Our honorable Prime Minister Sheikh Hasina signed the Millennium Declaration which sets a target to halve the proportion of people who suffers from hunger and malnutrition by 2015. We are proud and hopeful to observe the decreasing trend of poverty but hunger and malnutrition remains a big concern for us.
Need political commitment
The “Zero Hunger Policy” of Brazil is one of the best examples which shows that hunger and nutrition could be dealt with a well designed social safety net program to decrease the number of hungry people within a short period of time. In 2007, Brazil court introduced the ESC jurisprudence with an order to provide sufficient food for school children. Our neighboring country India introduced the National Rural Employment Guarantee Scheme which allows the citizens to claim their right to work with a strong legal framework. The Supreme Court of Nepal in a landmark decision in 2008 issued order to ensure priority based food supply in the vulnerable areas and suggested the government to strengthen the food distribution system.
Bangladesh is well appreciated in the world for its commitment to achieve the Millennium Development Goals (MDGs), which are also reflected in the election manifesto. We believe significant change will be possible, if the commitments are translated into policy and actions. We hope geographic coverage and resource of social safety net programs like Employment Generation Program and second phase of Health, Nutrition and Population Sector Program will be increased. Newly introduced school feeding program plans to cover about 73,000 urban working children which need to be sustained and coverage need to be expanded. But present notion of considering these as benevolent initiative to the poor people need to shifted to a right based perspective. Thus the National Human Rights Commission considers the Right to Food and other Economic, Social and Cultural Rights as fundamental rights. On the occasion of World Food Day and Poverty Eradication Day, the commission calls the government to recognize Right to Food and other ESC Rights as fundamental rights through inclusion in constitution and appropriate legislative framework and policies.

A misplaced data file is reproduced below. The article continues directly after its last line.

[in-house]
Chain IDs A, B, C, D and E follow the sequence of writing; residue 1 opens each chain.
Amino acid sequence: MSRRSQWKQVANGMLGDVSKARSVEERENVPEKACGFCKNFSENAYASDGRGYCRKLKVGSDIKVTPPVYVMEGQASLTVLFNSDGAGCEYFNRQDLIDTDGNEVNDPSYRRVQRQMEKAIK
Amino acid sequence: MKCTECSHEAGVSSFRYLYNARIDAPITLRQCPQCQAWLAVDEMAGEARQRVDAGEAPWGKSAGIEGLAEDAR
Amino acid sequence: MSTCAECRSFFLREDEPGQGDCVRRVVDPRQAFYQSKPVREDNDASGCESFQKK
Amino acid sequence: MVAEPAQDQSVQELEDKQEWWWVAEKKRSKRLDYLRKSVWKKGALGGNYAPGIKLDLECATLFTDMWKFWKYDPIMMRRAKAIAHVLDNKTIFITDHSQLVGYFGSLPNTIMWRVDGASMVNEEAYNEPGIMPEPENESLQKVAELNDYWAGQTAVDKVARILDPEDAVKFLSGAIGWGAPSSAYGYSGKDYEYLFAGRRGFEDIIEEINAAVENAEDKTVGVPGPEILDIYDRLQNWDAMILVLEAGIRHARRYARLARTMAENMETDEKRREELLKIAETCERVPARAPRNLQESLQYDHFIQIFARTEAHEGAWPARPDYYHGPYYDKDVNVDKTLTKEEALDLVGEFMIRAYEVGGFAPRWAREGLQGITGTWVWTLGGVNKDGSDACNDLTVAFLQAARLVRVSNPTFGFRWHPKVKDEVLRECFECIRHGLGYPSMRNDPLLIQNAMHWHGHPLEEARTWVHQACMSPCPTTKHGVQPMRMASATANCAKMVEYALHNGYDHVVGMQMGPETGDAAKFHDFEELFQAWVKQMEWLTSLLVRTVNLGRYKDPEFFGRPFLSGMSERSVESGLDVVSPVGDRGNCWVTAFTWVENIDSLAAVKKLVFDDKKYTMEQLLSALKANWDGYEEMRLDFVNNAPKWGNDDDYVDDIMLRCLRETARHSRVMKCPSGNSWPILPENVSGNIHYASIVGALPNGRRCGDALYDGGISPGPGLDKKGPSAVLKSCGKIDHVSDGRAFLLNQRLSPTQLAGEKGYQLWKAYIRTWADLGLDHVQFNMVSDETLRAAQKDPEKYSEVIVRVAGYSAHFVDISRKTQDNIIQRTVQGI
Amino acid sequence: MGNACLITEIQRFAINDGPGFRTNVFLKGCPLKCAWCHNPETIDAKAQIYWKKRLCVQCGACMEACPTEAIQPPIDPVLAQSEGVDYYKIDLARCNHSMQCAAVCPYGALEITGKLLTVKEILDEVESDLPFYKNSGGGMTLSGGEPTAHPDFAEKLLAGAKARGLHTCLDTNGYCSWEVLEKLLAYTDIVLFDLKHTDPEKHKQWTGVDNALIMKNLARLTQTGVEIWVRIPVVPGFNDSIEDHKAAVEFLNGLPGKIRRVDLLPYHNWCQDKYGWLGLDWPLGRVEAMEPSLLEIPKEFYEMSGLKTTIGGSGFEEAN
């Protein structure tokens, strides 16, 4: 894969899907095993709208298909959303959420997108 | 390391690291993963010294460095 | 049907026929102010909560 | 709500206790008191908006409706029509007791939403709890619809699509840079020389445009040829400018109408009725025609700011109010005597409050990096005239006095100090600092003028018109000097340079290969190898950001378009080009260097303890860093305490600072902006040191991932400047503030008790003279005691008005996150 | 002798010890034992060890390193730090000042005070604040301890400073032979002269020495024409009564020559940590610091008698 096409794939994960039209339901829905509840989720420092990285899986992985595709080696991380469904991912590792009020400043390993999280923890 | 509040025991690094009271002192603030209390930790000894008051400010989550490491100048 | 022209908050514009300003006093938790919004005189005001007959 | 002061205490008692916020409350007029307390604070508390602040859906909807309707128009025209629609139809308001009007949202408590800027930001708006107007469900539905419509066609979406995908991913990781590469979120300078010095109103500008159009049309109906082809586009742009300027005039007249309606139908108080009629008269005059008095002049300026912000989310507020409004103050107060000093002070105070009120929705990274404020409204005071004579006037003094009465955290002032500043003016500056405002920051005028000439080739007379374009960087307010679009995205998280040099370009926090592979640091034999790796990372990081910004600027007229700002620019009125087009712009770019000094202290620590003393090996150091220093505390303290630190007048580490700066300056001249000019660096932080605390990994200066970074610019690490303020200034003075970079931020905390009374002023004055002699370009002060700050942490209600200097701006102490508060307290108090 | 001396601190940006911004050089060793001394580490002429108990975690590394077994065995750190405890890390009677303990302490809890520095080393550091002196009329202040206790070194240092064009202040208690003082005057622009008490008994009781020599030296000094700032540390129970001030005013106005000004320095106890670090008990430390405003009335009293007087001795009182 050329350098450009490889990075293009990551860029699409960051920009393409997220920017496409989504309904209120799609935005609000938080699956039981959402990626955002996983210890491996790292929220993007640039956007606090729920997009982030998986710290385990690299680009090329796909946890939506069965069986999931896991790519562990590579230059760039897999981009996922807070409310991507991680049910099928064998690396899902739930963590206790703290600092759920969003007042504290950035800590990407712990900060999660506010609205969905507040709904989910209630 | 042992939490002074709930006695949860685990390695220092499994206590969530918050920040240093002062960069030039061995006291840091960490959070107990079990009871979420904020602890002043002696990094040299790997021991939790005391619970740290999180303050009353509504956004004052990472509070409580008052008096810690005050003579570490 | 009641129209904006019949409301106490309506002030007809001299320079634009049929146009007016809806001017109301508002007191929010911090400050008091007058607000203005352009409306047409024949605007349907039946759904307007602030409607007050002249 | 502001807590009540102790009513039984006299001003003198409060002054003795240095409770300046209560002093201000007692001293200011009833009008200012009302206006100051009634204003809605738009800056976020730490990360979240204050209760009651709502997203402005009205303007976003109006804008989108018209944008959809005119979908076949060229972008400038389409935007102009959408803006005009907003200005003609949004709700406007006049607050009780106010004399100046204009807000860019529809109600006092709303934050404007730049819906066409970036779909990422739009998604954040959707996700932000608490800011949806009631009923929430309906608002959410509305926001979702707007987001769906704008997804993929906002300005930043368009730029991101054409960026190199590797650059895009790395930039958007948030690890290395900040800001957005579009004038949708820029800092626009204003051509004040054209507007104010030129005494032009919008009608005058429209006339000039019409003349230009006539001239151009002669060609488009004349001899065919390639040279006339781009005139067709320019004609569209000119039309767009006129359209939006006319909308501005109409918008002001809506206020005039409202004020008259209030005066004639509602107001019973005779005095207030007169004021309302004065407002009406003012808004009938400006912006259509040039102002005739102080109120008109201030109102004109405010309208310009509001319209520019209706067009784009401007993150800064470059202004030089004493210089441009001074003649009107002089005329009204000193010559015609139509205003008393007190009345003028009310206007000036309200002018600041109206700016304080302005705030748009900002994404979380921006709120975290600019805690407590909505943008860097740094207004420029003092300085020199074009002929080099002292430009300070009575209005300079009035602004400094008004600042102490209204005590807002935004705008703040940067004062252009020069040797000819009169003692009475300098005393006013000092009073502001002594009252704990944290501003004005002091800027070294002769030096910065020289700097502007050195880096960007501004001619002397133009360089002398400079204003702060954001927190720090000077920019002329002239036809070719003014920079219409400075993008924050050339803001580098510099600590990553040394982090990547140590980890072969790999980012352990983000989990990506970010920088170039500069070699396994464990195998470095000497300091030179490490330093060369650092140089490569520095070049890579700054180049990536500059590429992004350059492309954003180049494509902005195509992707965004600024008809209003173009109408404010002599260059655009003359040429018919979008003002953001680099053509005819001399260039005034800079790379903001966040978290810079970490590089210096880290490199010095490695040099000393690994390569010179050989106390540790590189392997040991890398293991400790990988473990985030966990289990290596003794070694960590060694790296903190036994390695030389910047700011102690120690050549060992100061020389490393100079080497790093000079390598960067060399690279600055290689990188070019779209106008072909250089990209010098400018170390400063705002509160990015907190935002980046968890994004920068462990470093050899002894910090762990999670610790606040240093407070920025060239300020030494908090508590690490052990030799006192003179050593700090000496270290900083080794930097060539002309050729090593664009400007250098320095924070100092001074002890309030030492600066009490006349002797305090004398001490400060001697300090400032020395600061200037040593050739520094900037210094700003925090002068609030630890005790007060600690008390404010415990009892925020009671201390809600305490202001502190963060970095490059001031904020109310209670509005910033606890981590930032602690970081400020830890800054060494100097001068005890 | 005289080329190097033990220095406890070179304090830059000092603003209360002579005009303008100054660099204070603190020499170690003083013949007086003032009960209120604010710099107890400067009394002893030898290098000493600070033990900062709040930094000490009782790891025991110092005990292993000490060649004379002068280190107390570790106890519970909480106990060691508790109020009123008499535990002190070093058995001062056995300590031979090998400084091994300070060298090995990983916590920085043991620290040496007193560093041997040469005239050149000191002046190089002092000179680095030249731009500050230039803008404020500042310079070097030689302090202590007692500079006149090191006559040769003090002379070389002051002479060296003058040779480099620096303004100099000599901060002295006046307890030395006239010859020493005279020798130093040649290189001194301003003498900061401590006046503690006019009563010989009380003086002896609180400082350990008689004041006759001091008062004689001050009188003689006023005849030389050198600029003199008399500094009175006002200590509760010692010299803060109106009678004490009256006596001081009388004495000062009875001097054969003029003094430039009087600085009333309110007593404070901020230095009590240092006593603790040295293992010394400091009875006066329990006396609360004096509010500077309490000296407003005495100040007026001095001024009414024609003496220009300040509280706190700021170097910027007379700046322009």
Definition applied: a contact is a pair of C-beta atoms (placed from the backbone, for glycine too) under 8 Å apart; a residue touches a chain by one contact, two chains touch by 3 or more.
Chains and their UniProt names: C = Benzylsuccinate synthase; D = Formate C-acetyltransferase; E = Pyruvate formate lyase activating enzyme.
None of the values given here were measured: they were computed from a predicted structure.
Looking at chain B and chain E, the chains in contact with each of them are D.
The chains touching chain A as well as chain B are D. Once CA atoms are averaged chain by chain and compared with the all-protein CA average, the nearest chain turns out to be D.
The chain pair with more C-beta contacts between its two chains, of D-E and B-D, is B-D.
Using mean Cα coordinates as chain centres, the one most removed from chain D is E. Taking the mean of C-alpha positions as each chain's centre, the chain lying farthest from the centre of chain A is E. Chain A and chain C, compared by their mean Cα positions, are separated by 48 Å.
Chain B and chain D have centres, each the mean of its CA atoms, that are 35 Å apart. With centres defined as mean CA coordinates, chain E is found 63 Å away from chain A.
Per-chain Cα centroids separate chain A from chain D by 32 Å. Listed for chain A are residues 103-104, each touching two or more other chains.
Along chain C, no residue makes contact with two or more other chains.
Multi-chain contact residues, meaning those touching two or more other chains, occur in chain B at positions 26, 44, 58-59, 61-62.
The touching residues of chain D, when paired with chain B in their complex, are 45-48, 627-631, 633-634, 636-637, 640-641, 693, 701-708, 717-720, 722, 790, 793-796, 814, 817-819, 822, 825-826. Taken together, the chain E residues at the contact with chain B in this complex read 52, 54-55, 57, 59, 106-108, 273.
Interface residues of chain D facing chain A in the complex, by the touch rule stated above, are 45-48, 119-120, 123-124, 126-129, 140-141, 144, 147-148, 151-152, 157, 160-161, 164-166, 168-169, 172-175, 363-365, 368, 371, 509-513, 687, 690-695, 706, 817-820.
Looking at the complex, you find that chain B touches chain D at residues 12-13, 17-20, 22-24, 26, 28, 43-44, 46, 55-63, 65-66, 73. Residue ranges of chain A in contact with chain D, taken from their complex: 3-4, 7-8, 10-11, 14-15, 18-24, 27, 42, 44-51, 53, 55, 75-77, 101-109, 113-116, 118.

Source: National Human Rights Commission, Bangladesh.
Voices of common people have to put at the centre of development policies
Secretary-General Ban Ki-moon cautioned on17 October that progress so far in the fight against poverty risked being reversed by a failure to put people at the centre of development policies and strategies aimed at economic recovery following the global financial crisis.
“In the name of fiscal austerity, we cannot cut back on common-sense investments in people,” Mr. Ban said in a message to mark the International Day for the Eradication of Poverty, noting that too many people have been seized by the fear of losing their jobs, their ability to feed their families and access to health care.
“We can meet the challenges we face the economic crisis, climate change, rising cost of food and energy, the effects of natural disasters. We can overcome them by putting people at the centre of our work.”
He pointed out that too often in the debate about the future, the voices of the poor and the young are being ignored, and so are environmental concerns. “As we work to avoid a global financial meltdown, we must also work to avoid a global development meltdown,” said Mr. Ban.
The United Nations independent expert extreme poverty and human rights, Magdalena Sepúlveda, for her part, urged States to immediately address the growing inequalities between the rich and the poor, saying that disparities are being exacerbated by austerity measures devised to facilitate economic recovery.
“These rising inequalities have diminished social cohesion and increased insecurity and exclusion throughout the world,” she said in her message. “Should these inequalities persevere, the result could be increasing social unrest and conflict, such as that seen over recent months.”
“While States are going 'back to business' on the presumption of a 'post-crisis' recovery, the financial and economic crises are still very much in full swing for those living in poverty,” Ms. Sepúlveda said.
Source: UN News Service.